African Queen, The (1951)

“Could you make a torpedo? Well, do so, Mr. Allnut.”

African Queen Poster

Synopsis:
As World War I reaches the heart of German-controlled Africa, a boozy boat captain (Humphrey Bogart) and a religious spinster (Katharine Hepburn) whose minister-brother (Robert Morley) has just died make their way down a treacherous river in hopes of torpedoing a German battleship; along the way, they unexpectedly fall in love.

Genres:

Response to Peary’s Review:
Peary writes that “[director John] Huston and his stars injected humor and playfulness” into this “sure-fire ‘feel-good’ movie”, which remains “perhaps the cinema’s greatest romantic adventure… set in the 20th century”. Adapted from C.S. Forester’s novel, it relates the tale of a mismatched pair of middle-aged individuals who “at first… can’t stand each other” but are drawn together during their “perilous journey”, and “become one of the cinema’s truly wonderful romantic couples”. Although the entire scenario defies belief on nearly every count (with the ending in particular most inconceivable), it’s impossible not to be swayed by the magic of Hepburn and Bogart’s unlikely romance, as neither individual is “reticent about expressing love for the other, even when in the midst of tragedy”. As Peary writes, “their endearing gestures have a cheering effect on the viewer”, and “fifty-three-year old Bogart and 45-year-old Hepburn get sexier by the minute”.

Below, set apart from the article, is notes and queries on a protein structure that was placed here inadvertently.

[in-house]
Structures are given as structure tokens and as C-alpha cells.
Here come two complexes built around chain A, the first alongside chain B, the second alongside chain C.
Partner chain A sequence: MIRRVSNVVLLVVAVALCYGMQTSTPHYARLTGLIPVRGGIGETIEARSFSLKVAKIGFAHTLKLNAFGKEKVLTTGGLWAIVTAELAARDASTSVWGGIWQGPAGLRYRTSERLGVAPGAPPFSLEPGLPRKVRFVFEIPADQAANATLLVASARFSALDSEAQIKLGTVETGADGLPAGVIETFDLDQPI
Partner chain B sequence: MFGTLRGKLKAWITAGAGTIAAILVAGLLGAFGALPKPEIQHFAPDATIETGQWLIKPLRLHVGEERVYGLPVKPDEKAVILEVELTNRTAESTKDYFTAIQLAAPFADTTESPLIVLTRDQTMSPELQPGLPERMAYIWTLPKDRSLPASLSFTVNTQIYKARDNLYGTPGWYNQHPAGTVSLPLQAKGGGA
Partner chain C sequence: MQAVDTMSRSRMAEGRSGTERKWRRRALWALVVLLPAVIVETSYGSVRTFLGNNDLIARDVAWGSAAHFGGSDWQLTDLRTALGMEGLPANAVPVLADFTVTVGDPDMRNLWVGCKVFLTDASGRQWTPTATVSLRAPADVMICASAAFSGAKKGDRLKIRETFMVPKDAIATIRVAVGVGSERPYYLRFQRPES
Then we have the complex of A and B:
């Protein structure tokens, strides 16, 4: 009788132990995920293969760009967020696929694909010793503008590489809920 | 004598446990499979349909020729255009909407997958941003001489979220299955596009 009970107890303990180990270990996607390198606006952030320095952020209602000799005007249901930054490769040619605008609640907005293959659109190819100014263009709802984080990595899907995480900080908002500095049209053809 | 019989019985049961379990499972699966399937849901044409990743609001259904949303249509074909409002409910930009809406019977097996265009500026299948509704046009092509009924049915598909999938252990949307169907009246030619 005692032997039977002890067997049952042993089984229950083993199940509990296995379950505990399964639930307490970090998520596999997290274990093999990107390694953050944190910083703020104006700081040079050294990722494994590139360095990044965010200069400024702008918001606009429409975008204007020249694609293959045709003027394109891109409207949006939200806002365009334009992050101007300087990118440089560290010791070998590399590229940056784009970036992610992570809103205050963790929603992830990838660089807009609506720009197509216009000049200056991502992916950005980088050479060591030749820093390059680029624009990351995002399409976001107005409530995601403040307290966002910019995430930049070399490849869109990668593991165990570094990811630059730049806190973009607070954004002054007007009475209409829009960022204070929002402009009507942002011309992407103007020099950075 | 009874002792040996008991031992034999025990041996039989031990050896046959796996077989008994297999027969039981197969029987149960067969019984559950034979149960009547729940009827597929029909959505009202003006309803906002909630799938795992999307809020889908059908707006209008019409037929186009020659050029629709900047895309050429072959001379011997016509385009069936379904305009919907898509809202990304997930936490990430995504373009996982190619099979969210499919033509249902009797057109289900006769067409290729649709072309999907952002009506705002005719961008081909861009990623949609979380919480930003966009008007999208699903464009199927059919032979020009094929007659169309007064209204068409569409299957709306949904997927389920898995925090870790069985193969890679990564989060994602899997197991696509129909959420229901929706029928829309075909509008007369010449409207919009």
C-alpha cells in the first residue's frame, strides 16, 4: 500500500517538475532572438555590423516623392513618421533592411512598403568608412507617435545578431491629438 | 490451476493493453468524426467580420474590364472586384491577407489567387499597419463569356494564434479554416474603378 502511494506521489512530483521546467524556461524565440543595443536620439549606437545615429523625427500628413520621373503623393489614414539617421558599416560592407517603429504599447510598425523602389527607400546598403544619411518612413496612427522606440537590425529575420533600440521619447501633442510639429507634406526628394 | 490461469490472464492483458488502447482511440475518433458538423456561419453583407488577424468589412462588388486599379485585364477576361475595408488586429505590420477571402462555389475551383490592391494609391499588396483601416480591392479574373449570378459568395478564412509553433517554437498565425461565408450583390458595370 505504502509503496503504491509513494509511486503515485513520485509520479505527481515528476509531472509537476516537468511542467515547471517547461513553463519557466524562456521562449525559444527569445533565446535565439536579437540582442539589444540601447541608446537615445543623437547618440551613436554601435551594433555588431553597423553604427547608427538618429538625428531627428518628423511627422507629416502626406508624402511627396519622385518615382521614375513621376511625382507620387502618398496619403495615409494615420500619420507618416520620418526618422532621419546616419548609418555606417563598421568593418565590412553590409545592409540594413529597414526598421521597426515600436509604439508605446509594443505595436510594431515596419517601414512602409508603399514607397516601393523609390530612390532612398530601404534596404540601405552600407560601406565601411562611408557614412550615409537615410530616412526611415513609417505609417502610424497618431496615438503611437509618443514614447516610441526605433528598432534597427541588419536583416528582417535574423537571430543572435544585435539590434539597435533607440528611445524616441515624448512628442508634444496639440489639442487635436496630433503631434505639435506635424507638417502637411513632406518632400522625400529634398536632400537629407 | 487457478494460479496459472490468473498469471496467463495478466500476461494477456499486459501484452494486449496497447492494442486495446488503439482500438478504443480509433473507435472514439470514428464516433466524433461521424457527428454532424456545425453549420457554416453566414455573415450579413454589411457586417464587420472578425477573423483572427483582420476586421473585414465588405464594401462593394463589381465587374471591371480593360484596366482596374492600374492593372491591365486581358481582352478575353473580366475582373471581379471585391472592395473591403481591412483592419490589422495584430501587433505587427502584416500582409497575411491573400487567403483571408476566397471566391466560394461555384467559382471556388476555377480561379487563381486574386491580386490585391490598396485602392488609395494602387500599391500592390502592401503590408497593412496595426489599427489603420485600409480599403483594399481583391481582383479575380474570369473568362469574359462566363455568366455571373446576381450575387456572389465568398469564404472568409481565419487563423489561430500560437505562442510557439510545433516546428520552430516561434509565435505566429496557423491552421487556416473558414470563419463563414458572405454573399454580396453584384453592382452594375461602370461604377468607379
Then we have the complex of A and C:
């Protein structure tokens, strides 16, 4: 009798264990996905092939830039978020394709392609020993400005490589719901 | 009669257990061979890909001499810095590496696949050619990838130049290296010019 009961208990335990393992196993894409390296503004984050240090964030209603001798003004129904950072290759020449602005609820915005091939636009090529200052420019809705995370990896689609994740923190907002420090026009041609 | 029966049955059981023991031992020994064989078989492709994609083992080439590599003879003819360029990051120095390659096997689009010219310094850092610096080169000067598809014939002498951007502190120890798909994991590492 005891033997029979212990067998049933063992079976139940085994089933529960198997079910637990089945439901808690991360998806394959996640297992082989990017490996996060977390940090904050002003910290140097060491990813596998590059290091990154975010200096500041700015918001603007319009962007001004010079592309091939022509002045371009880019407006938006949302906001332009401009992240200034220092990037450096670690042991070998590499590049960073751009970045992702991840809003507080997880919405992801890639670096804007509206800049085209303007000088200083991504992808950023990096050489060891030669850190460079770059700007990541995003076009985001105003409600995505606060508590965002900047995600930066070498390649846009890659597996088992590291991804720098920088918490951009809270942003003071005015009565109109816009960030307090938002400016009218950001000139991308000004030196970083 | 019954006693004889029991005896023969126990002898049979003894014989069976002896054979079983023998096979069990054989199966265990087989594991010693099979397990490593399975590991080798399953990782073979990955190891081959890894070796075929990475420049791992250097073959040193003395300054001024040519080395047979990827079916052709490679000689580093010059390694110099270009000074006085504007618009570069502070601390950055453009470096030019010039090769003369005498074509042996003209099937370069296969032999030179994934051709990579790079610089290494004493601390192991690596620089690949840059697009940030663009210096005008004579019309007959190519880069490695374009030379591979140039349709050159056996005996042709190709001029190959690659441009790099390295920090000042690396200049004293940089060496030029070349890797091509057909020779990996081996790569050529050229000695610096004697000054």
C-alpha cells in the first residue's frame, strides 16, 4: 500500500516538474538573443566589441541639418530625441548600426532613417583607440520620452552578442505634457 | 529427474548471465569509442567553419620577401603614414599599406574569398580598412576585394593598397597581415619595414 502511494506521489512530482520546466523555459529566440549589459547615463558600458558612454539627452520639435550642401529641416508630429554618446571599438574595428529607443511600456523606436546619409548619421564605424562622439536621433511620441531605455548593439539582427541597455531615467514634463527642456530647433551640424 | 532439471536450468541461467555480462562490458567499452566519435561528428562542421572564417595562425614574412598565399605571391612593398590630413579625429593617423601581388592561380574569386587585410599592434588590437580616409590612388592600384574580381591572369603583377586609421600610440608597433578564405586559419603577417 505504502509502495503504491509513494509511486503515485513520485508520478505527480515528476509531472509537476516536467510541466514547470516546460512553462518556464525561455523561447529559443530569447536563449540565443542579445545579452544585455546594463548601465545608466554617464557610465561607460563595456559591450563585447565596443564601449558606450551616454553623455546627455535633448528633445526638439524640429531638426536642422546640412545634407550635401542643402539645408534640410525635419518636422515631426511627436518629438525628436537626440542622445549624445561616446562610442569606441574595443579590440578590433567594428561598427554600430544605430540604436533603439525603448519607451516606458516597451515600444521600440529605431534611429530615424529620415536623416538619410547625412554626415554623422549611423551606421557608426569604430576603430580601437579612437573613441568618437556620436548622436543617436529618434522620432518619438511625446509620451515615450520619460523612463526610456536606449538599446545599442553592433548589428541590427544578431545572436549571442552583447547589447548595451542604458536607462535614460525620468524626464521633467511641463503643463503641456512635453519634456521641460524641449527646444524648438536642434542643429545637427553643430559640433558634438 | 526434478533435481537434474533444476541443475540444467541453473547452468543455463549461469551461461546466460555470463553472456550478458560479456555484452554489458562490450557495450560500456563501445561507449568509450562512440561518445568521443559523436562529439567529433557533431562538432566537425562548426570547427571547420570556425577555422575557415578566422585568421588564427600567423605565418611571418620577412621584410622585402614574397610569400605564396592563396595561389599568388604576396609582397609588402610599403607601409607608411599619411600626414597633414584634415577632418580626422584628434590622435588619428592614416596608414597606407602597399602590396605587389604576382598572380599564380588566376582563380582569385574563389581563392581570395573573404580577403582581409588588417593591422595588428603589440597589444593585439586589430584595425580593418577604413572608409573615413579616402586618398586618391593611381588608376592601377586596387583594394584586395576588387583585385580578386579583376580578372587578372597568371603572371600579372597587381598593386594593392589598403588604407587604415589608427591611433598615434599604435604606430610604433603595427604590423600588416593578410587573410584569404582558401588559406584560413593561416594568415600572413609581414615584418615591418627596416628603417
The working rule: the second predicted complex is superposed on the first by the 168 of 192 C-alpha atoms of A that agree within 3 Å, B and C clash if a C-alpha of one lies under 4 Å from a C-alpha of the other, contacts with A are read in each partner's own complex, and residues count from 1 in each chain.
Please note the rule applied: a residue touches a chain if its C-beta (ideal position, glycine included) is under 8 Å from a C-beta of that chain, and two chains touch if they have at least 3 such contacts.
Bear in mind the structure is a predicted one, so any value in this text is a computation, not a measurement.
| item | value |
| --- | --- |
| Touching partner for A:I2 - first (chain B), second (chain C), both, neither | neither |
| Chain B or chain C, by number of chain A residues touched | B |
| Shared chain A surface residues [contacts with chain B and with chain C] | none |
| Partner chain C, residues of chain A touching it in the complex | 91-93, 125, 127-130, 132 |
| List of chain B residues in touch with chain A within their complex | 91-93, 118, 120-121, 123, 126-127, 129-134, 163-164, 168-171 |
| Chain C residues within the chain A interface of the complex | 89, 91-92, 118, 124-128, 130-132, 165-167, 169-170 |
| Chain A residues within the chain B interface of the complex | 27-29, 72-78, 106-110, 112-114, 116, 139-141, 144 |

Peary’s rather short review of this enduring classic fails to mention much about its fabled production history (recounted by Hepburn in her creatively titled memoir The Making of the African Queen: Or, How I Went to Africa with Bogart, Bacall and Huston and Almost Lost My Mind). As noted in TCM’s “Behind the Camera” overview, while Hepburn and Huston adored shooting on-location in Africa, Bogart was miserable and couldn’t wait to return back home to “civilization”; fortunately, his wife (Lauren Bacall) was on hand to help make things more tolerable for everyone. Throughout filming — while Huston was tangentially obsessed with hunting an elephant — the cast and crew were bedeviled by all kinds of challenges (torrential rains, wild animals, contaminated water, and much more), thus adding to the authenticity of the final product.